The prevailing wisdom of the day is that a relational database should have a manageable set of tables with lots of rows of data in them …and then there’s WordPress.

WP Multisite creates 10 database tables for every blog (or in our case: for every book.) Tables share IDs but they are not enforced at the database level. There are no foreign key constraints, no triggers, nor routines. It’s simple no frills MySQL.

Pressbooks dot com is currently running on a single bare metal server. (Our hosted instances are already on AWS) This server has a single MariaDB database with 60,000 books in it. When we do the math that’s over 600,000 tables in one database. Are you nuts?! Unusual? Horrible? Yet entirely possible, even plausible.

I’ve met people who worked at Automattic and from the stories, I heard WordPress dot com uses the same WP Multisite technology but instead of half a million tables it’s over a billion tables (probably not all in the same database though, more on that later).

I call this the Schrödinger’s Cat of database design because so long as we don’t look it’s alive?


As I said, we already host hundreds of WP Multisite networks on AWS. We build, manage, and deploy to our infrastructure using Terraform, Ansible, wp-cli and all things competent. We simply just, sort of, well, neglected to move our freemium site over because we were too busy.

The time has come.


We tried mysqldump. It was too slow. Our tests showed that a dump would take days.

Some colleagues recommended AWS DMS. It did not work.  Some reasons:

  • The AUTO_INCREMENT attribute is not migrated.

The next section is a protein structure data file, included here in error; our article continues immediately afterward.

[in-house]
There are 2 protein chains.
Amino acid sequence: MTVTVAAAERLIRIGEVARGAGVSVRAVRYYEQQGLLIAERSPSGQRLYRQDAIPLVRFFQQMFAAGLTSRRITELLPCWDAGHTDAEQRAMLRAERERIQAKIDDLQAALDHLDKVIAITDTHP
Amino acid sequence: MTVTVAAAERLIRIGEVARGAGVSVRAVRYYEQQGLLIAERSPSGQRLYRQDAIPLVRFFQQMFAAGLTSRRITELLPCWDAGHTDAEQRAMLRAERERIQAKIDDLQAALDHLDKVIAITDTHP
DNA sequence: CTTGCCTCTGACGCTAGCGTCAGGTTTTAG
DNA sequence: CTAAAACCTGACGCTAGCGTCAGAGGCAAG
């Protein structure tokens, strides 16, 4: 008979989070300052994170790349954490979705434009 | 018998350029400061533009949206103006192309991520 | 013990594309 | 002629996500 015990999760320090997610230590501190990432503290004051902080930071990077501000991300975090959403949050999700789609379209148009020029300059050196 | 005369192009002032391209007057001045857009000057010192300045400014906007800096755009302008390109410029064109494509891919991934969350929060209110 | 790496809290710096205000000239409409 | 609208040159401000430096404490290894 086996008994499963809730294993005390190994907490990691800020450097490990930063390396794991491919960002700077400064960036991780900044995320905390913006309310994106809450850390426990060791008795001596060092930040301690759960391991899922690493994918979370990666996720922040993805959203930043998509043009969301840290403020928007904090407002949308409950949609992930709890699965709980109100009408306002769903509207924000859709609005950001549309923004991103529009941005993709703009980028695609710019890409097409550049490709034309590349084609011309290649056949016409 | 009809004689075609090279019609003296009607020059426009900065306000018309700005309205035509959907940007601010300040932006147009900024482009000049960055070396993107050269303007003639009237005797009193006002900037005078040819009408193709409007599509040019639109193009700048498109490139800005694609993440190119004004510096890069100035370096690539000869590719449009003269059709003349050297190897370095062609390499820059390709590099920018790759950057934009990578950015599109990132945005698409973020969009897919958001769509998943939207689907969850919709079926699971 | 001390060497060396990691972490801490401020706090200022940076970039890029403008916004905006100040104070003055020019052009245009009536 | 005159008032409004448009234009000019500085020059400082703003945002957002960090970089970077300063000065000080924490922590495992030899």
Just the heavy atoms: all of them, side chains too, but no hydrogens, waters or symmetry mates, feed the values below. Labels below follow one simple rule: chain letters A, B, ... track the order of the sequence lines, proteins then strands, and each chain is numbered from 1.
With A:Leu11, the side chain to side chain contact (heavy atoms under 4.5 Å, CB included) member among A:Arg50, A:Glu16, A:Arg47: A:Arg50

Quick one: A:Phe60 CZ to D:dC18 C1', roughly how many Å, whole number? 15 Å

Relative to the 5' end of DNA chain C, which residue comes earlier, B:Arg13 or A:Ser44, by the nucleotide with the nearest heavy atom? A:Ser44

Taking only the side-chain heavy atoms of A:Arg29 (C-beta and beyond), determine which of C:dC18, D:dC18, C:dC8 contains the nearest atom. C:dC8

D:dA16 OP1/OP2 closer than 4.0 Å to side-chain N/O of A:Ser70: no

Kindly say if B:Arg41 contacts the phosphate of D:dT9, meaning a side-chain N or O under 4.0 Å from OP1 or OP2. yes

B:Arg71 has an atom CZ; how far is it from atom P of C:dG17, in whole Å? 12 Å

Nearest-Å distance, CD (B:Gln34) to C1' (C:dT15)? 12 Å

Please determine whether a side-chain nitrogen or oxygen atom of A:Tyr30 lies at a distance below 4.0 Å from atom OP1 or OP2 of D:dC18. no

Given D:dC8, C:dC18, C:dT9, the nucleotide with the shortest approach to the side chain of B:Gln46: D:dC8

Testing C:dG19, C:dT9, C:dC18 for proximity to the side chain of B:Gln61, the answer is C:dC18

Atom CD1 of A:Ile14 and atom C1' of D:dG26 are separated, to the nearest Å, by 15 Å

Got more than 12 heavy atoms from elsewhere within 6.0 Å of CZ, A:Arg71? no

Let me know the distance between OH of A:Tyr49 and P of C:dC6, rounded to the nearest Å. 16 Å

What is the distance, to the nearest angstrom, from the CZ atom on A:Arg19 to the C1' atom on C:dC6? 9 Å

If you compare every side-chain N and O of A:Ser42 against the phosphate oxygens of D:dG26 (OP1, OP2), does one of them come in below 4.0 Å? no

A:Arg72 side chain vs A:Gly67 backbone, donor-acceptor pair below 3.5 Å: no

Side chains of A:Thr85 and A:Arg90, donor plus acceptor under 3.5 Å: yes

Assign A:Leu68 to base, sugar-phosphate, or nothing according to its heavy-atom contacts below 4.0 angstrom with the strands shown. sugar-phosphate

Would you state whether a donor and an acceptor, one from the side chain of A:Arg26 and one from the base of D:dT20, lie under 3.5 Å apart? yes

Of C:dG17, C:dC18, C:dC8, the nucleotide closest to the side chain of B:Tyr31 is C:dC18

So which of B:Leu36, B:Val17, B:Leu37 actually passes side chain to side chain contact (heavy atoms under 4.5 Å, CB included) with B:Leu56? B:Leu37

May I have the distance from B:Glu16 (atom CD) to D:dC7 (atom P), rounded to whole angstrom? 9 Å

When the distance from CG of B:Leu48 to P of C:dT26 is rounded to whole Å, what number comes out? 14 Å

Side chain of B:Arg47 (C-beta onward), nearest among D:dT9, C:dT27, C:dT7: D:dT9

• WP Multisite tables are prefixed wp_1_, wp_2_, wp_3_, ... MySQL considers the underscore a one character wildcard when used in LIKE queries, DMS provided no way to escape it for table filters.
  • Unexplained crashing on anything less than a c4.large (failed last Error The task stopped abnormally Stop Reason RECOVERABLE_ERROR Error Level RECOVERABLE)
  • Mostly, the fastest migration we could get going, running 4 tasks in parallel, was an ETA of 10 days

We asked for help. Ned had a conference call with a reputable consulting firm and they gave us a quote: $34K USD + travel & on-site expenses.

Coffee spitting

Next, our research led us to mydumper. From the README:

== What is mydumper? Why? ==

  • Parallelism (hence, speed) and performance (avoids expensive character set conversion routines, efficient code overall)
  • Easier to manage output (separate files for tables, dump metadata, etc, easy to view/parse data)
  • Consistency – maintains snapshot across all threads, provides accurate master and slave log positions, etc
  • Manageability – supports PCRE for specifying database and tables inclusions and exclusions

So far so good…

== How to build it? ==

Jerry Seinfeld leaving

Just kidding. It turns out we don’t have to build mydumper. On Ubuntu sudo apt install mydumper works fine. Similar command using yum on CentOS.

Our tests conclude that mydumper finishes in hours instead of days.


It is our opinion that this kind of problem is better suited for a document-oriented database. Given that this is the database design we inherited, there’s not much we can do about it, so we’ll try our best with what we’ve got. ¯_(ツ)_/¯